rubbed his muzzle on mine! (the bed was low, and I slept outside).

Now I never had anything but love for dogs of any kind, and as--n'est-

ce pas?--love casts out fear, I simply got up, turned them all out,

shut the door, and turned in again myself. Of course my idea was that

they were flesh and blood, and I allude to physical fear.



"I slept, but was anew awakened by a ghastly feeling that the blanket

was being dragged and creeping off the bed. I pulled it up again, but

anew began the slow movement of descent.



"Rather surprised, I pulled it up afresh and held it, and must have

dozed off, as I suppose. Awoke, to feel it being pulled again; it was

slipping, slipping, and then with a sudden, violent jerk it was thrown

on the floor. Il faut dire that during all this I had glanced several

times at Bolter, who seemed profoundly asleep. But now alarmed I

tried to wake him. In vain, he slept like the dead; his face, always

a pasty white, now like marble in the moonlight. After some

hesitation I put the blanket back on the bed and held it fast. The

pulling at once began and increased in strength, and I, by this time

thoroughly alarmed, put all my strength against it, and hung on like

grim death.



"To get a better hold I had taken a turn over my head (or perhaps

simply to hide), when suddenly I felt a pressure outside on my body,

and a movement like fingers--they gradually approached my head. Mad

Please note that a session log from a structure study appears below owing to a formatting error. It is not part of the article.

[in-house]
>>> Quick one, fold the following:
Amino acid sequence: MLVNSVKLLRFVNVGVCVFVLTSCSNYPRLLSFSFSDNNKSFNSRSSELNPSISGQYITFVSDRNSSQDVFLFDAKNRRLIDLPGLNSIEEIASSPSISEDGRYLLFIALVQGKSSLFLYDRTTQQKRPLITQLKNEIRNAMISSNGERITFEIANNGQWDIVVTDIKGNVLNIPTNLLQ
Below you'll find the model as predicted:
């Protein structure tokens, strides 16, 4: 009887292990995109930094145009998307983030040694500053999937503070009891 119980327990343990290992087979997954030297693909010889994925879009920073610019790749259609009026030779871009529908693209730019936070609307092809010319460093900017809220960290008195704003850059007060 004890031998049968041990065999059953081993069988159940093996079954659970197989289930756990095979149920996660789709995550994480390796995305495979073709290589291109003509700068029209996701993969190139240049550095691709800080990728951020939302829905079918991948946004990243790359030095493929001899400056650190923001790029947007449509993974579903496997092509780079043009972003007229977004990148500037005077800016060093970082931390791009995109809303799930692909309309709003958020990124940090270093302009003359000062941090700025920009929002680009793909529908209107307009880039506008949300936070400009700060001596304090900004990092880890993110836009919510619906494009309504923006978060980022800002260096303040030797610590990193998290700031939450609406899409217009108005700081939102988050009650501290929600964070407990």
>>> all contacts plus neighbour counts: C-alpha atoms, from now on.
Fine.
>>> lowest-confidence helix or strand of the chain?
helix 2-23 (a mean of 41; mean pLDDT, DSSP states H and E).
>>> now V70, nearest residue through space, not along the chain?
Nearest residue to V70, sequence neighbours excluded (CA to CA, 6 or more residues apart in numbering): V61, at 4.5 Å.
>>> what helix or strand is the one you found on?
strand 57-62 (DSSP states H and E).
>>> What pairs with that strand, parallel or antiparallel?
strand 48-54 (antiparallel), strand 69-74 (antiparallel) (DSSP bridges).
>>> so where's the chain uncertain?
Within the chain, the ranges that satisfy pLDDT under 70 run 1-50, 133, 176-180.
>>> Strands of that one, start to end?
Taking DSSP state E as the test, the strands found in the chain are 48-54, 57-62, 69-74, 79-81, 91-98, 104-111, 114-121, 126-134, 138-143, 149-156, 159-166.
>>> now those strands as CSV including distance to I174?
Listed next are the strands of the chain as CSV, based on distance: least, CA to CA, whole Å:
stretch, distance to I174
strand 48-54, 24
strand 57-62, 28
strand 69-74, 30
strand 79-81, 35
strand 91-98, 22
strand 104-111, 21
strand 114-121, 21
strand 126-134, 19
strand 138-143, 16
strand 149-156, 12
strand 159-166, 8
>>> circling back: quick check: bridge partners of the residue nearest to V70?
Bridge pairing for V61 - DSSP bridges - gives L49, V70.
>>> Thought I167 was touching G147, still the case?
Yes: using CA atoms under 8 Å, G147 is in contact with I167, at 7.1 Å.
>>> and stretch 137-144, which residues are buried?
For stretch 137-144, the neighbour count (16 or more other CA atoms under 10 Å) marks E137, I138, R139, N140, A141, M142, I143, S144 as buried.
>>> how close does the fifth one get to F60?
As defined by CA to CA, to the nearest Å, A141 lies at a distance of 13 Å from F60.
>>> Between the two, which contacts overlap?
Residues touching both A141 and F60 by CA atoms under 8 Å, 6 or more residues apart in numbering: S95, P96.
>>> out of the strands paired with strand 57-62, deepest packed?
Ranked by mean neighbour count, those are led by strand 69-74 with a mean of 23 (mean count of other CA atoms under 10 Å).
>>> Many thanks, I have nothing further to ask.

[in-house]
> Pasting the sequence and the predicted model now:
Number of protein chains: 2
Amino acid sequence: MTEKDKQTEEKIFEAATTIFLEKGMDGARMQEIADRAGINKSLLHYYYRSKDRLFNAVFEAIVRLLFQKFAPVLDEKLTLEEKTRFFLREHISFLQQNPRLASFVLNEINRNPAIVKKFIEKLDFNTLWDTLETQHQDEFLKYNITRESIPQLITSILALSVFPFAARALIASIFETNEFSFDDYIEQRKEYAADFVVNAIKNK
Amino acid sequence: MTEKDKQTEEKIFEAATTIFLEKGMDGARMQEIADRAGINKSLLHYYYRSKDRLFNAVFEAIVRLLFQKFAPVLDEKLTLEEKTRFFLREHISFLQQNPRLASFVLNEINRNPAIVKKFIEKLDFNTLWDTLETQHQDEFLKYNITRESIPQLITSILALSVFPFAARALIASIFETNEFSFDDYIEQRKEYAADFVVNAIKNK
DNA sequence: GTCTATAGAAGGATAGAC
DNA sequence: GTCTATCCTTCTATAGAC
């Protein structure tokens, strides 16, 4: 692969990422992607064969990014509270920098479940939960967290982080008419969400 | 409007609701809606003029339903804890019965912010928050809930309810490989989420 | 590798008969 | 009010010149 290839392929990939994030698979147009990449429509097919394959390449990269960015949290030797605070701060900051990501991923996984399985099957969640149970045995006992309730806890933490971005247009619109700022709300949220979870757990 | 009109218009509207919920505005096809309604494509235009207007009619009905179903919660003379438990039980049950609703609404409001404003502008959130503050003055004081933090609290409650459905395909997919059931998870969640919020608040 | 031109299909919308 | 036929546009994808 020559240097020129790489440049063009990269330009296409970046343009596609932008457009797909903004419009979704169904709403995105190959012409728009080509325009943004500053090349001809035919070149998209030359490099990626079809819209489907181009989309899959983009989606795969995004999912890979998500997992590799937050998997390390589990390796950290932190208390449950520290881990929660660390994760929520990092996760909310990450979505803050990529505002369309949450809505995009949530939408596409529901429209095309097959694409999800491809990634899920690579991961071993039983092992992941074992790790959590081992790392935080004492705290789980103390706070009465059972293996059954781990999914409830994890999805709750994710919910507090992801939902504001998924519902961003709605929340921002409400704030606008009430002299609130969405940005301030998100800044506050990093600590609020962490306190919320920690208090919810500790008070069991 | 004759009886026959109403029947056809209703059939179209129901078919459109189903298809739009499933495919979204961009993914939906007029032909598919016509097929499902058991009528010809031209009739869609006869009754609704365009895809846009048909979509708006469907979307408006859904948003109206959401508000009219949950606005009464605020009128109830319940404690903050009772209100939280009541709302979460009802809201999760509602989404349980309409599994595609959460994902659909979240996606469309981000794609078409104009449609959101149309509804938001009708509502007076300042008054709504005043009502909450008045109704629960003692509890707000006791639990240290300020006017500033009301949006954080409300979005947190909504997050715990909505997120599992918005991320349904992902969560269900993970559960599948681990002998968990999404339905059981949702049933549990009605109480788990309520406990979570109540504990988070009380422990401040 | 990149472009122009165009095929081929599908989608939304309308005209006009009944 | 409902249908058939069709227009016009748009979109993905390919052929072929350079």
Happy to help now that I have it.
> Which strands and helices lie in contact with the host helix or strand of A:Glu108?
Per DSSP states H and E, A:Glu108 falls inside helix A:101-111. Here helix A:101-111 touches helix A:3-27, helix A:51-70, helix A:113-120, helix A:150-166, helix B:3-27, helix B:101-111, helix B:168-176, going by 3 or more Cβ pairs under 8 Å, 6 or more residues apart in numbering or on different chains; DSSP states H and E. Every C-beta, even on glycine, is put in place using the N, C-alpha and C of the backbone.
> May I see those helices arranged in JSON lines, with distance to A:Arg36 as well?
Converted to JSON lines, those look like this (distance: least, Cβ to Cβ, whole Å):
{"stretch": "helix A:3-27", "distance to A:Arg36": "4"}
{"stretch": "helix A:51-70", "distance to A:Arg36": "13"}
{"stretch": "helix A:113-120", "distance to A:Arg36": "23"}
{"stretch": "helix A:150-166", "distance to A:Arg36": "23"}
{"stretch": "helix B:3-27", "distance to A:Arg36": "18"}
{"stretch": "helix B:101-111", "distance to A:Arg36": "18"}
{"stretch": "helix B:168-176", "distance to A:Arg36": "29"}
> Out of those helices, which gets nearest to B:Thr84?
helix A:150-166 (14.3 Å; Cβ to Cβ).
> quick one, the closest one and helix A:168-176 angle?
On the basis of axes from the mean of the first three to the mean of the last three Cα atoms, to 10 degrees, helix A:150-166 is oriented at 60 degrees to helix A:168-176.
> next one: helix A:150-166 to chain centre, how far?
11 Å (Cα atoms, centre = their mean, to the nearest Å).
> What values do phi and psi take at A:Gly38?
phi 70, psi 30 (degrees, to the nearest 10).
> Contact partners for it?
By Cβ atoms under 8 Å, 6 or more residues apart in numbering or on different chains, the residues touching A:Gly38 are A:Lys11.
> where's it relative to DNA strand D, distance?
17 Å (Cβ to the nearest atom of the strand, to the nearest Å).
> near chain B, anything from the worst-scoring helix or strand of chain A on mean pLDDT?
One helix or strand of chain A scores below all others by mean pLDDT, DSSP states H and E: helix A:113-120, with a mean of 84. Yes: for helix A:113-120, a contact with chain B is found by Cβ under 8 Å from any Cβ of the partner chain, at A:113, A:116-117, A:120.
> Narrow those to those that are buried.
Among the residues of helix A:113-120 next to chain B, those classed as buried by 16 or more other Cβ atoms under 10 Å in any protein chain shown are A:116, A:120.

with fear I chucked off the blanket, grasped a Hand, gazed on it for

one moment in silent horror, and threw it away! No wonder, it was

attached to no arm or body, it was hairy and dark coloured, the

fingers were short, blunt, with long, claw-like nails, and it was

minus a thumb! Too frightened to get up I had to stop in bed, and, I

suppose, fell to sleep again, after fresh vain attempts to awaken

Bolter. Next morning I told him about it. He said several men who

had thus passed the night with him had seen this hand. 'But,' added

he, 'it's lucky you didn't have the big black dogs also.' Tableau!



"I was to have slept again with him next night to look further into

the matter, but a friend of his came from --- that day, so I could not

renew the experiment, as I had fully determined to do. By-the-bye, I

was troubled for months after by the same feeling that the clothes

were being pulled off the bed.



"And that's the yarn of the Black Dogs and the Thumbless Hand."



"I think," said I, "that you did no harm in telling Bolter's young

woman."



"I never thought of it when I told her, or of her interest in the

kennel; but, by George, she soon broke off her engagement."



"Did you know Manning, the Pakeha Maori, the fellow who wrote Old New

Zealand?"



"No, what about him?"



"He did not put it in his book, but he told the same yarn, without the

dogs, as having happened to himself. He saw the whole arm, and _the

hand was leprous_."



"Ugh!" said the Beach-comber.



"Next morning he was obliged to view the body of an old Maori, who had

been murdered in his garden the night before. That old man's hand was

the hand he saw. I know a room in an old house in England where

plucking off the bed-clothes goes on, every now and then, and has gone

on as long as the present occupants have been there. But I only heard

lately, and _they_ only heard from me, that the same thing used to

occur, in the same room and no other, in the last generation, when

another family lived there."



"Anybody see anything?"



"No, only footsteps are heard creeping up, before the twitches come

off."



"And what do the people do?"



"Nothing! We set a camera once to photograph the spook. He did not

sit."



"It's rum!" said the Beach-comber. "But mind you, as to spooks, I

don't believe a word of it." {299}